Saturday, March 2, 2024

Still Life with Robin: It's National Old Stuff Day!

by Peggy Robin

Hmm, I'm usually a fan of all those silly, offbeat, little "holidays" -- you know, like National Waffle Day (August 24) and Lost Sock Day (May 9) and Talk Like a Pirate Day (Sept 19) -- but today's "fun" holiday, National Old Stuff Day, seems, well, just a tad condescending to those of us over the age, er, mumble, mumble [unintelligible].
We and our "stuff" deserve respect!

What do we get instead? Something like that eye-rolling "OK Boomer" meme. Yeah, that got old, quick!

While I am not keen on today's "holiday," I was impressed by the composition posted in praise of this day that I found in my Twitter feed [*see Note 1] this morning, by one of my favorite posters, David Cohen @dc_scrabblegram.

Dave posts a daily wordplay /poem called a Scrabblegram [*explained in Note 2].

Here's his lovely composition for today, National Old Stuff Day

Dave's Scrabblegrams @dc_scrabblegram
[*Uses all 100 Scrabble tiles.]

Grandfather Clock đź‘´đź•°️

March 2nd is National Old Stuff Day (really). With my 6th decade just around the corner, I'm starting to identify with vintage items like grandfather clocks.

More of Dave's Scrabblegrams on his website at and in his recently published book by Penteract Press (in the UK, but shipping to the US is fast and relatively inexpensive.)
* Note 1: I'm sticking to my sworn oath never to cave in and call by the brand "X" name thrust upon it by its current, unhinged, Gen X owner.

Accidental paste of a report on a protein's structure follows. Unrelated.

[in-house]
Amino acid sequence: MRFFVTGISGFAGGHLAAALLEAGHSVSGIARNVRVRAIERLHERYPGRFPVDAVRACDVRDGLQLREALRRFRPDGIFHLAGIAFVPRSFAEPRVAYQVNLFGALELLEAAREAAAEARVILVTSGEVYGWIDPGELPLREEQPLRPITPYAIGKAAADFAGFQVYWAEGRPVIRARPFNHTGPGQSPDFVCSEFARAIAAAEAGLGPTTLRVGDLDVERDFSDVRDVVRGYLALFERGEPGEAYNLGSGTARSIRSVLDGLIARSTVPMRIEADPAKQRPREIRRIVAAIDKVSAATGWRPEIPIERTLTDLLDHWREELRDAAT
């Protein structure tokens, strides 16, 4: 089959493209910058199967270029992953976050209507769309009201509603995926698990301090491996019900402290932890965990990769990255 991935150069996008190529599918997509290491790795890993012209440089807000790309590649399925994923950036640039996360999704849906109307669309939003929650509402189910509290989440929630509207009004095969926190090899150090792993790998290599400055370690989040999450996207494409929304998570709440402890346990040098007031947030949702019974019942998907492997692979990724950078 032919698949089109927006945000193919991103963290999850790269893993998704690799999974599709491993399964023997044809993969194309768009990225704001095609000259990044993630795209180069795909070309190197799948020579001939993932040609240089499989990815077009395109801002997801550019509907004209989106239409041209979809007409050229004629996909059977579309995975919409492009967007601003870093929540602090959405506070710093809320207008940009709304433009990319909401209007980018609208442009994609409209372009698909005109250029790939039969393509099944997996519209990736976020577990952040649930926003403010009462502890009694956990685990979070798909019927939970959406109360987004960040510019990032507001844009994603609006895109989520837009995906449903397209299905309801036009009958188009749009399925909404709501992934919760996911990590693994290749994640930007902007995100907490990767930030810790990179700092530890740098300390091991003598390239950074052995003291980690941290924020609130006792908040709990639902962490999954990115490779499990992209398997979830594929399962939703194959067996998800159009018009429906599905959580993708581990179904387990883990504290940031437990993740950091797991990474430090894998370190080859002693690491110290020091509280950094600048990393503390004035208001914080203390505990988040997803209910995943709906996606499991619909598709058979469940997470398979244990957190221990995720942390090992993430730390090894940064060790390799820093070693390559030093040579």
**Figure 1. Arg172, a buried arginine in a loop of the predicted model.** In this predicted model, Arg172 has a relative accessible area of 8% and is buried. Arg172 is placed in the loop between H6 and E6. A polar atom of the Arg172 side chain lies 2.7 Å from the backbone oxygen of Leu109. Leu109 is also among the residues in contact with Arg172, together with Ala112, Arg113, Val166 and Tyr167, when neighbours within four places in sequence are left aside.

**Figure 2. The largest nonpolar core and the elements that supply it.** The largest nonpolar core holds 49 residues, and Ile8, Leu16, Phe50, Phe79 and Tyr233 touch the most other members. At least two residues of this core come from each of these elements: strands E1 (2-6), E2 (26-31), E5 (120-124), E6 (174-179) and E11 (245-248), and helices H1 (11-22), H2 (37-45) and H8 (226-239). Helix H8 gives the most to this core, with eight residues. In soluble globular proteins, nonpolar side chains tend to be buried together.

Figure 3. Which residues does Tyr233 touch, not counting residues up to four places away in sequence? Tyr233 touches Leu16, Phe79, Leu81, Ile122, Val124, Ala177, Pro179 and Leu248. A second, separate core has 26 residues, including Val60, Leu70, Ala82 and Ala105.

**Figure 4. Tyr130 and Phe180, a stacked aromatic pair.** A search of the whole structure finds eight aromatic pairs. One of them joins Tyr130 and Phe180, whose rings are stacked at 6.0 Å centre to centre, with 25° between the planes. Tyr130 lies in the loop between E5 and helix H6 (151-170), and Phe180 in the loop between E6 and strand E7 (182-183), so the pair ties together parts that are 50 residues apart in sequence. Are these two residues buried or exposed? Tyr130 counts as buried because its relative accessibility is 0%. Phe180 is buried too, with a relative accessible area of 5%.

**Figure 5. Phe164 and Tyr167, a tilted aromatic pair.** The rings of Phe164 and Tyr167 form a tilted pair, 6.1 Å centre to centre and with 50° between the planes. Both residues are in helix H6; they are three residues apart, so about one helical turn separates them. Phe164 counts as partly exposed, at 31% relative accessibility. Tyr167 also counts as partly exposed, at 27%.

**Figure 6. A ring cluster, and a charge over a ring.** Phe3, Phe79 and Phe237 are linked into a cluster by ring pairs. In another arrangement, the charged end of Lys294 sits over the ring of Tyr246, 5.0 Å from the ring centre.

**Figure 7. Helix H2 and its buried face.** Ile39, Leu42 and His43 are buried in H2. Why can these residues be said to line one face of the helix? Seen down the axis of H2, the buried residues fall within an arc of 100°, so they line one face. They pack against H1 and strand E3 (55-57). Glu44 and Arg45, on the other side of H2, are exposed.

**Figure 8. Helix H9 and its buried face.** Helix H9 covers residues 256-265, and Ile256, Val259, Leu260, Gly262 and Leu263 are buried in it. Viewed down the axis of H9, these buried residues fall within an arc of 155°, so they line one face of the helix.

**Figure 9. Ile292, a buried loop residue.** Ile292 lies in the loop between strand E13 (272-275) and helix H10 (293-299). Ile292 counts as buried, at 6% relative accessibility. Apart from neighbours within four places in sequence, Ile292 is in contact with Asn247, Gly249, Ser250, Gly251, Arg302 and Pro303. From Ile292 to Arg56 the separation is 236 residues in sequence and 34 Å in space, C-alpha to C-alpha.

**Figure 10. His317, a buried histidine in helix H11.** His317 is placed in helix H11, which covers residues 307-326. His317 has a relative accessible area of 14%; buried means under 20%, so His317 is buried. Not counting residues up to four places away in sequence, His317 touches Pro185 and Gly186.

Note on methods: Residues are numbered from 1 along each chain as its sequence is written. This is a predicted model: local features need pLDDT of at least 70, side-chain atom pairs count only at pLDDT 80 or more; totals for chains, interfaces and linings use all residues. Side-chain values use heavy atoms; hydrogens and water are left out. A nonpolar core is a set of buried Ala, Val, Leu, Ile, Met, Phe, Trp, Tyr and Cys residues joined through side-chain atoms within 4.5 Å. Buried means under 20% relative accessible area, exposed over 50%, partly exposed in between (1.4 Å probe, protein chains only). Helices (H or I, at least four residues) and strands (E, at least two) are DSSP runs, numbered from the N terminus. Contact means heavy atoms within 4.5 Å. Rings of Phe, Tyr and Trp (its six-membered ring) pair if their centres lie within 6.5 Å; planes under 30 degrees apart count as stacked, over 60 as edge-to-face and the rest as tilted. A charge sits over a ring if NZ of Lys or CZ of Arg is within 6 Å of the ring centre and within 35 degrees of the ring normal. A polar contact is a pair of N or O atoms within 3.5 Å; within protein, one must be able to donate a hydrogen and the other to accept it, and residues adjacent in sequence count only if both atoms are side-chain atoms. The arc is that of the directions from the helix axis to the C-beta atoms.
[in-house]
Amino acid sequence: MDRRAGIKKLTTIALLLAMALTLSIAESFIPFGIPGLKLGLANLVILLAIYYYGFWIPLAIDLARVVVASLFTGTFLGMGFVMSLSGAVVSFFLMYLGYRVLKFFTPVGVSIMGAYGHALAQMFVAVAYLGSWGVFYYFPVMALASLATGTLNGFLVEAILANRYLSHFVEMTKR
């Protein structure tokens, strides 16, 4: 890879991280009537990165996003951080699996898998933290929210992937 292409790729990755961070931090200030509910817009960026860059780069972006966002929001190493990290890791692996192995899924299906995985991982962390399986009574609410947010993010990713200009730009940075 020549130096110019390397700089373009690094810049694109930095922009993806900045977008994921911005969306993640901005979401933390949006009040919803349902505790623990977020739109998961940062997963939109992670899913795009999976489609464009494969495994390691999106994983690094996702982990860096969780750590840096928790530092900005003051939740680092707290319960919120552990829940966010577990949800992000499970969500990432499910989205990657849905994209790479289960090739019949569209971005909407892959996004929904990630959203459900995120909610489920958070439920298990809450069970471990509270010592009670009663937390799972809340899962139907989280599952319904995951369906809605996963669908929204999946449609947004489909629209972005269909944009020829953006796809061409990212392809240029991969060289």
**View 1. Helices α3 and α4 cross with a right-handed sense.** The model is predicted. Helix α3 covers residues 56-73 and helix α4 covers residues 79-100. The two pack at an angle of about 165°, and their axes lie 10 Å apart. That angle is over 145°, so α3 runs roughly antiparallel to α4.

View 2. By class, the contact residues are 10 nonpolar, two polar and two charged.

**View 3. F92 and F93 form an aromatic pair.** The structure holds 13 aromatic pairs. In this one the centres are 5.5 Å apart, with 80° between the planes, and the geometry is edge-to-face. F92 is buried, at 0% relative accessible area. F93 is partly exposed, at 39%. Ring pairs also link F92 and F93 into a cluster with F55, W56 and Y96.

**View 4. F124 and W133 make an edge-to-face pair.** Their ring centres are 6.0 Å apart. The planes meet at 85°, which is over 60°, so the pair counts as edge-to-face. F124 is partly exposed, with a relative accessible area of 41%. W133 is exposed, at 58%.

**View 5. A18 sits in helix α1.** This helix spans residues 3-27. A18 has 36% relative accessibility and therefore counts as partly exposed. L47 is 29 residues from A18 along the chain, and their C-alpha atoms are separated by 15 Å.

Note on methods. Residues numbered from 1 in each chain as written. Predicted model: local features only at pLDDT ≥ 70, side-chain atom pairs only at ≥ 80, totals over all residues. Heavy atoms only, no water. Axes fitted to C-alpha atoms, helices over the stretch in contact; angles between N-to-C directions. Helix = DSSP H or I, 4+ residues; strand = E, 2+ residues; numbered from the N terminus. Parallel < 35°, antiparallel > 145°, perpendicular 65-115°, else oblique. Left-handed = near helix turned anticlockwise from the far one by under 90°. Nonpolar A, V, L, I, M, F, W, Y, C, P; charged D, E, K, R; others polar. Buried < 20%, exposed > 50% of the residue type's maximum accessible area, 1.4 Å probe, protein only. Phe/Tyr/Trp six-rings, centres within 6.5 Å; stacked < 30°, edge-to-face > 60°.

*Note 2: A Scrabblegram is a message (a kind of freestyle poem, really) that uses each of the 100 Scrabble tiles exactly once. This means that each entry will contain exactly 9 As, 2 Bs, 2 Cs...1 X, 2 Ys, 1 Z (and 2 blanks which can be used as any letters).

Still Life with Robin is published on the Cleveland Park Listserv and on All Life Is Local on Saturdays. 

Thursday, February 29, 2024

Get Out! It's Leap Day! Or Stay In & Watch the Jeopardy Tournament of Champions

 by Peggy Robin

If you're a leapling (yes, that's the word for people born on February 29th) today's the day to go out to a bar or restaurant that's giving out freebies to your kind. Our local Axios newsfeed has a good round-up of your options:

If you're like the rest of us born on the other 365 days of the year, you might want to stay home and watch TV. Why? Because the Jeopardy Tournament of Champions (TOC) is on, and tonight, two of the three competitors are from the DC metro area. And they're both lively and entertaining players. (WJLA at 7:30pm)

Kevin Belle from Silver Spring, MD. Kevin is a transportation planner by day and a drag queen performer by night under the stage name, "Whiskey Ginger"

Luigi de Guzman from Arlington, VA. Luigi is an attorney, originally from the Philippines.

...and the third contestant is Juveria Zaheer from Whitby, Ontario, Canada. Juveria is a psychiatrist and professor of medicine at the University of Toronto.

If you're betting on the outcome, you'll want to know how these three match up:

PLAYER:  Kevin Belle

PLAYER: Luigi de Guzman

PLAYER: Juveria Zaheer

Want to know which of our two hometown champions I'm rooting for? Neither one! I'm hoping to see the Canadian psychiatrist, Juveria Zaheer, take this round and go on to win the whole enchilada. Why? Because there are so few women who have taken Jeopardy's top prize. In the 40 seasons of Jeopardy since the 1984 reboot (that is, the beginning of the Alex Trebek hosting era), only four women have won the TOC. They are: Rachel Schwartz in 1994; Robin Carroll in 2000; Celeste DiNucci in 2007; Amy Schneider in 2022.